Todayís sailor carries many electronic devices to make life easier and to aid in safety and navigation. A waterproof 12-volt power outlet installed in your cockpit will make it convenient to plug in spotlights, handheld GPSs, cell phones, and even laptop computers.
Adding speakers to the cockpit can serve two purposes. With the same set of speakers, you can listen to great music from your stereo, then flip a switch and listen to your Single Sideband Radio without needing to be near the speaker below. Make sure you choose speakers that are the magnetically shielded type so they donít throw your compass off. Being your typical remote-control-kind of guy, Iíve even found a hard-wired remote that we mounted in our cockpit, allowing me to flip through radio stations and pull up our favorite songs from the CD changer without leaving my comfortable seat. It even has a safety benefit since we can immediately turn the music down without going below if we hear a radio transmission. At least thatís how I sold it to Sue.
Binoculars, air horn, spotlight, flares, charts, spray cleaner and paper towels to clean sunglasses, bug spray, sun block lotionóthe list is endless. Keeping these things out of the wind, spray, and rain, but close at hand can be a challenge since many sailboats donít include dry storage in their cockpit design. That doesnít mean it doesnít exist though.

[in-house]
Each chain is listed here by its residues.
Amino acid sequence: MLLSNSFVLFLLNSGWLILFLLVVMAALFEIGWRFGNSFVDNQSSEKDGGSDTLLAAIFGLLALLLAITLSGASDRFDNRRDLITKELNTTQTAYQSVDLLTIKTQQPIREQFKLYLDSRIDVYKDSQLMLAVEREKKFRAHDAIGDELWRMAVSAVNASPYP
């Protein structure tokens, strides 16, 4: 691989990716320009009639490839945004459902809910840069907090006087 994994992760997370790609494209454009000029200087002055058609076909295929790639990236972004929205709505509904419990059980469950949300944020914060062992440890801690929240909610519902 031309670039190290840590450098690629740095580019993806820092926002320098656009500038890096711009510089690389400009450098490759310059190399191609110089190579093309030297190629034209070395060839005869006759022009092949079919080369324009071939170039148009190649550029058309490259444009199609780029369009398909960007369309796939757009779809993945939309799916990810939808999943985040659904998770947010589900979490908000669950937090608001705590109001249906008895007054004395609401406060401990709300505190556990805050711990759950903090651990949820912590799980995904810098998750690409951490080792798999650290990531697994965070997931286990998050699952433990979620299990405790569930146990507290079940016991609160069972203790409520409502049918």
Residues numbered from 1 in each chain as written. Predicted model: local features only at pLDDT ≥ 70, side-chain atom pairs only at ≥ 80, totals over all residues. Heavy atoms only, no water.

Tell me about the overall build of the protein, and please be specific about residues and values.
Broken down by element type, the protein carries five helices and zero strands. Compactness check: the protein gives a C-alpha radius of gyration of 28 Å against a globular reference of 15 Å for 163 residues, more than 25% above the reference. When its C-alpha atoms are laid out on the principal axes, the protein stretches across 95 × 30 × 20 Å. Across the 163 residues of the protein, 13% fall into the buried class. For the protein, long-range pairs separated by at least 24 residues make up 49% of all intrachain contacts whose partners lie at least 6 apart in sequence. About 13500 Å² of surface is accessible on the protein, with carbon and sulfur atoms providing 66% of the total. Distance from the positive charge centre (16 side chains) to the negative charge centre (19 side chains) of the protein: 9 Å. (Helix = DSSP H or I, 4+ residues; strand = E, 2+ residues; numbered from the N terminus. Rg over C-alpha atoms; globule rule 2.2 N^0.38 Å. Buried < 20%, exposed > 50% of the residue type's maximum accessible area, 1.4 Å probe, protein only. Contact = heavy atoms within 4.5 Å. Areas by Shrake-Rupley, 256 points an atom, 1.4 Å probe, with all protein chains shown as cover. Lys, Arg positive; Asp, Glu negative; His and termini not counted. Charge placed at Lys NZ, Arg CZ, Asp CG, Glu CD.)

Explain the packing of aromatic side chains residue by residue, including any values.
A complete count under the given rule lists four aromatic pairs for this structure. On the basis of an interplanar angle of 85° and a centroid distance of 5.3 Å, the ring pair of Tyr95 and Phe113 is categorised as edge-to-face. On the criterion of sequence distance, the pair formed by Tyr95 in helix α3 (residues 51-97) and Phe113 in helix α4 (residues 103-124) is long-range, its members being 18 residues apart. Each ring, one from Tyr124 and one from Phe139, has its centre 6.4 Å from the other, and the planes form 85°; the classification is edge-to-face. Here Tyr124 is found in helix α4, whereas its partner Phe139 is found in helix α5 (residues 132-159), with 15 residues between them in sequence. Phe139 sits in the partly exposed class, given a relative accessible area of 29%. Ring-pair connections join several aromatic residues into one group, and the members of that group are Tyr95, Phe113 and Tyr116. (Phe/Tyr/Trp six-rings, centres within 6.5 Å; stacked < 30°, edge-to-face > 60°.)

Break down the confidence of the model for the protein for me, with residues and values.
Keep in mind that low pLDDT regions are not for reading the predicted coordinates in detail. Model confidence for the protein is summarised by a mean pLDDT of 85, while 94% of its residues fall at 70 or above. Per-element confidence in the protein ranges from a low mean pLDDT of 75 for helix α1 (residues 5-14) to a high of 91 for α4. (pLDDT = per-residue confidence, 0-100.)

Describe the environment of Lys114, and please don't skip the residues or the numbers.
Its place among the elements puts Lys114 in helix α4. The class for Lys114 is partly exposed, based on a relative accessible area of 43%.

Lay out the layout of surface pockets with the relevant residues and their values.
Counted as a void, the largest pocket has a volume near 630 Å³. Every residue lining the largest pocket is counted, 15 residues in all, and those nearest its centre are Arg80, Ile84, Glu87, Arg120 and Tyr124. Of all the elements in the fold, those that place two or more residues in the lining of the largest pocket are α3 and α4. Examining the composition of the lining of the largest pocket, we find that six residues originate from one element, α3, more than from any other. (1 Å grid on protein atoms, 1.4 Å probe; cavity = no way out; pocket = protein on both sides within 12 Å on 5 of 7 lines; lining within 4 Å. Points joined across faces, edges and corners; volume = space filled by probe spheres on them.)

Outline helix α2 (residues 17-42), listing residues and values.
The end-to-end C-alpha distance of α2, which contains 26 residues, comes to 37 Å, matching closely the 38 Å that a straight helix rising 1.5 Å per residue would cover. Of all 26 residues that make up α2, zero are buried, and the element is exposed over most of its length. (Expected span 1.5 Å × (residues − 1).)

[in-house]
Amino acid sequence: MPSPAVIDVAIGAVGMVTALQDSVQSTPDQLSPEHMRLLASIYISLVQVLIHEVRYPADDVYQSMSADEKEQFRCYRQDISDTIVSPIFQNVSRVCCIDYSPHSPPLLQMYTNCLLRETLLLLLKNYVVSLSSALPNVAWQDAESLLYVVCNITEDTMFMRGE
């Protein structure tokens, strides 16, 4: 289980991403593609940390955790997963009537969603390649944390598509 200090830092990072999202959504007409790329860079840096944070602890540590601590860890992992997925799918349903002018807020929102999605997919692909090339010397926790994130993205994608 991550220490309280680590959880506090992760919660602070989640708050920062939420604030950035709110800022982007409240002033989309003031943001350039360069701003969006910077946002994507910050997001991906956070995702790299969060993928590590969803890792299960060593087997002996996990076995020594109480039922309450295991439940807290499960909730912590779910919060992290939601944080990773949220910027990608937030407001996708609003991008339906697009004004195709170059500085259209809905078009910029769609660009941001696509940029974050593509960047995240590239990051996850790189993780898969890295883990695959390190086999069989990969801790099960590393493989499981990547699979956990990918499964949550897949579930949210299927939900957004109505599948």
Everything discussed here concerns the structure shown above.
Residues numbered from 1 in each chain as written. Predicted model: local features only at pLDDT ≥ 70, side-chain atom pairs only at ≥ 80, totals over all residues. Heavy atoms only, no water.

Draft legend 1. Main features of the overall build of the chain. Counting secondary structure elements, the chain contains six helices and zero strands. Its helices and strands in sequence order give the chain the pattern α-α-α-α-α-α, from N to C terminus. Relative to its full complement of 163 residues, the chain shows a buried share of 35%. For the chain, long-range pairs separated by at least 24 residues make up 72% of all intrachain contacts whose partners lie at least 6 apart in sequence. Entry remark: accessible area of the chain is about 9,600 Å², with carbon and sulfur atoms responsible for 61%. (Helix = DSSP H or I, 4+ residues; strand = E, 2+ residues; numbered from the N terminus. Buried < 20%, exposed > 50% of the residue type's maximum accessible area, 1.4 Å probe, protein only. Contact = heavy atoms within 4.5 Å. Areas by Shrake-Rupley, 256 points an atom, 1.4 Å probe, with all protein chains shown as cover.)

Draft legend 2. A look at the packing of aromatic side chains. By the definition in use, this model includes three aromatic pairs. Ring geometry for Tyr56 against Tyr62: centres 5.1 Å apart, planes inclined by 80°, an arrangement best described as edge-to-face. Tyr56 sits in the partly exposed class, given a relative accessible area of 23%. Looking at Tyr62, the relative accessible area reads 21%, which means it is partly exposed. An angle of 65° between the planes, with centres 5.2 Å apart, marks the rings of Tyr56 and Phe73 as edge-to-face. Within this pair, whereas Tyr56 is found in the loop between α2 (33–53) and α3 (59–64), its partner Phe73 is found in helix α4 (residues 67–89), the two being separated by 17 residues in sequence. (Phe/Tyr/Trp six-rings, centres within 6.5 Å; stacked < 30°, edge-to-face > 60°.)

A lot of boats have dead space inside their cockpit coamings. Some builders have made open cubbyholes that provide limited storage in these areas, but the contents can still get wet. By cutting out the appropriate-sized hole and fitting a plastic hatch with a gasket on the door in this area, youíll end up with functional access and dry storage. We added three such hatches to our coamings and left one cubbyhole open to stow our cats away while sailing.
Sitting on the hard seats in a cockpit for hours on end tends to wear on the derriere. To alleviate this condition commonly referred to as "boat butt," cockpit cushions are a must. Sailboat cockpits are notorious for having very low back supports, which makes sitting for long periods even more uncomfortable. A saving grace to help that design flaw has been the introduction of self-supporting cushion/chairs, such as the Sport a Seat and the Amazing Seat. These are also very versatile, since you can use them sitting on deck, in your dinghy, or on the beach, and your back will love you for them.